The Romans were also big fans of barrel vaults, and they utilized concrete to create them all throughout Europe and North Africa. The Roman word for "concrete" is "caementum". Caementum was used in many forms: liquid caementum was poured into wooden frames and allowed to set, solid caementum was mixed with sand and gravel and used as roadbed material.
In Europe, barrel vaults were made from wood, but the Romans used concrete instead. They did this by mixing lime (the ingredient that makes up a large portion of cement) with water and allowing the mixture to harden into a strong, flexible material. Like most things the Romans built, their vaultings were not only impressive but they could also be found everywhere from town centers to military camps. Some that can be seen today remain intact after thousands of years because they were well-maintained over time. Others have been preserved through luck or history; for example, some Roman buildings in Germany were burned during World War II.
There are two types of barrel vaults: round and polygonal. Round barrel vaults are created when wooden beams are placed perpendicular across the floor and then more beams are laid across these first ones. The structure is then filled with more wood and sealed with tar.
Barrel vaults date back to Ancient Egypt and were widely employed in Roman building. They were also utilized to replace the Cloaca Maxima with an underground sewage system. The term "barrel vault" comes from the shape of the arches that formed the roof.
How do barrel vaults differ from other types of roofs? While most other roof shapes are based on a single geometric form (such as a pyramid or a dome), barrel vaults are made up of many different curved segments. Each segment is shaped like a hoop with the diameter of the hoop corresponding to the height of the vault above it. The number of hoops varies according to the size of the vault. There may be several pairs of hoops for small vaults or one large pair of hoops for larger ones.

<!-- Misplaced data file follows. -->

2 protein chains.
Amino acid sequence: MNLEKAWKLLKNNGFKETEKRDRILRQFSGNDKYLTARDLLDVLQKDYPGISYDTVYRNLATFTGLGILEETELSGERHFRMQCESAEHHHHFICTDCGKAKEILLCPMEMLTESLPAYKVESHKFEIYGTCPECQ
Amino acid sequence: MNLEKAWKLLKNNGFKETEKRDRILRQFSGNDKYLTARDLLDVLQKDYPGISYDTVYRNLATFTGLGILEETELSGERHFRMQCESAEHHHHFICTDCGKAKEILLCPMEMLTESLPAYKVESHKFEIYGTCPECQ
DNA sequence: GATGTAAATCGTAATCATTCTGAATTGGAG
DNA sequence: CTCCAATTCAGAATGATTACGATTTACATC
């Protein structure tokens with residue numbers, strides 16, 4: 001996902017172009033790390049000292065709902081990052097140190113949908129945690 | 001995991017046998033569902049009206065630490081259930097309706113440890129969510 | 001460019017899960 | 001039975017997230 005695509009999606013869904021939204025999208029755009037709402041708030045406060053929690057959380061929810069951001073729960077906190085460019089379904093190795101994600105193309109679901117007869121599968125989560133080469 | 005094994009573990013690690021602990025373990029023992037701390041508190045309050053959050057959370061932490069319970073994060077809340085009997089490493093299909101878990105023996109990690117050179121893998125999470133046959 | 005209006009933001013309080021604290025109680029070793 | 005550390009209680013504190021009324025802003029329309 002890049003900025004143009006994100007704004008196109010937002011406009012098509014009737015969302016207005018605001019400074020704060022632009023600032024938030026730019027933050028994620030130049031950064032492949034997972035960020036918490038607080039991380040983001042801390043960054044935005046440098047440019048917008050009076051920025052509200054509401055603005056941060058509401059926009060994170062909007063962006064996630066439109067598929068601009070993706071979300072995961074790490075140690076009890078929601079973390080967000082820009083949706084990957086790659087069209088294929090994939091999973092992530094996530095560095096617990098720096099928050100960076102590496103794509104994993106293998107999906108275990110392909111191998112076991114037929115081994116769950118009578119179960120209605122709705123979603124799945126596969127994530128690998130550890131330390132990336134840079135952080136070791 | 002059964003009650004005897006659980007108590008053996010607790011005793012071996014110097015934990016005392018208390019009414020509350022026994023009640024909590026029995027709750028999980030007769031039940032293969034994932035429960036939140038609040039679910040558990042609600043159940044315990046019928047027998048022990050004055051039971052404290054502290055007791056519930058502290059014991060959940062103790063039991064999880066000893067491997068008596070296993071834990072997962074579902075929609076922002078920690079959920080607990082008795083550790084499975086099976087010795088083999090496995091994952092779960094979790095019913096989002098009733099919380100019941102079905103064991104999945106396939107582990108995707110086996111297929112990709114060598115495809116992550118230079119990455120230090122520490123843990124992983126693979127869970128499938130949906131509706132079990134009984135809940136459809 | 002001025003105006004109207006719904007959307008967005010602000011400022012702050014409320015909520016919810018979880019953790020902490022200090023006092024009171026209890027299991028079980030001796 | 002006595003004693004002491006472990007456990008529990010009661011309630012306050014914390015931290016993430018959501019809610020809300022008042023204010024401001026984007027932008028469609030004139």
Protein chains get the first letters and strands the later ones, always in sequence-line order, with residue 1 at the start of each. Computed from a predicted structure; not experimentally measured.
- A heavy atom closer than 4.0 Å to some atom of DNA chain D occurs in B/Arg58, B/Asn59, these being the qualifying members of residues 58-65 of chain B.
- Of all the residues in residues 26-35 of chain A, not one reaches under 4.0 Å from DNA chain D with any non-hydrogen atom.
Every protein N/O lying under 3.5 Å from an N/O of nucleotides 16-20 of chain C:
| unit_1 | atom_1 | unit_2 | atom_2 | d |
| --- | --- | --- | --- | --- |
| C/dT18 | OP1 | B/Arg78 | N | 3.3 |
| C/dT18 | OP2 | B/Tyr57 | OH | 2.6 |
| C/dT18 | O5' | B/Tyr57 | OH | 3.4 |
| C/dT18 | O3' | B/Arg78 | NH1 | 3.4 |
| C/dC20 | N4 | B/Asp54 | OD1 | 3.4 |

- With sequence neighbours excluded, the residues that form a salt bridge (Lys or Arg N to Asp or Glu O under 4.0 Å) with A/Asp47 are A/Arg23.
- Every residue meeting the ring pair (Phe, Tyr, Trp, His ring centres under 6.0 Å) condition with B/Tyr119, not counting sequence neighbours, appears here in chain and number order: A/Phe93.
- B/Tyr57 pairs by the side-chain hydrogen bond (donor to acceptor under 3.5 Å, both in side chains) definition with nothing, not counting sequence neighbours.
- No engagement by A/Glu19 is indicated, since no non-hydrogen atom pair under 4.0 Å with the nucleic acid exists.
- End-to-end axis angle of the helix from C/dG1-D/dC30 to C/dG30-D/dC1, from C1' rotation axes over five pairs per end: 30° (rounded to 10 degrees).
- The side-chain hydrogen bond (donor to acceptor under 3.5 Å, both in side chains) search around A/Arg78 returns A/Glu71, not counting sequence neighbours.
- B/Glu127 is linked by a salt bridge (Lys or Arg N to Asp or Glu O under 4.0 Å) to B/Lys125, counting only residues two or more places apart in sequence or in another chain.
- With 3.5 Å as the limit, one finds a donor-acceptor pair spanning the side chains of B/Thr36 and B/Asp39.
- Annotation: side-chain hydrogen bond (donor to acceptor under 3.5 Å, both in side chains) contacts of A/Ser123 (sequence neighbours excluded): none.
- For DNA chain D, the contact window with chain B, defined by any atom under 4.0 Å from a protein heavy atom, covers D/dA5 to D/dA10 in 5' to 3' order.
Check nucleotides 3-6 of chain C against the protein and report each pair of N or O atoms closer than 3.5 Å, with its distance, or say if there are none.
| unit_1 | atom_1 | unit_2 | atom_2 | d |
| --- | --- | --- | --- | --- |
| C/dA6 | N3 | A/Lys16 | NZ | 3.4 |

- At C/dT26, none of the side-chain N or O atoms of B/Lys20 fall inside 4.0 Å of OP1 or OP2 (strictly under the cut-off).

Because they're made up of so many different pieces, barrel vaults can be constructed of very heavy material without being weak and flimsy like some other roof forms. They're often made out of metal because they provide good protection from the elements but still allow light to get inside the building. Wooden barrel vaults were also used extensively in ancient times.
Barrel vaults were popular in Roman building because they provided good protection from the weather while not being too heavy duty to damage other parts of the building.
Who constructed the first barrel vaults? The first barrel vaults were modest ones used by builders in Mesopotamia for minor drainage tunnels and tombs. At Susa, the Elamites utilized larger barrel vaults to cover structures. By 2600 BC, Egyptian builders were using mud-brick barrel vaults. They also used wood as a material for construction.
In Europe, early civilizations such as those of Mesopotamia and Egypt built many large structures using simple wooden frames covered with thick layers of clay. These early vaults were easy to make but very weak. As building techniques improved, so did the strength of vaults. By the 11th century AD, European builders had developed strong concrete vaults that remain popular today. Concrete vaults are much stronger than their ancient counterparts because they use iron rods as reinforcement instead of wattle and daub, which are bundles of sticks or bones mixed with clay and water and then pressed into shape.
Barrel vaults have been used throughout history for buildings as diverse as churches and casinos. In fact, you can still visit a barrel vault in England today at Alnwick Castle. This 12th-century castle is one of the most beautiful buildings in North America and it's worth visiting even if you don't stay the night. The castle walls are about 18 feet high and there are more than 100 rooms inside; however, only 15 of them have been converted into guest rooms.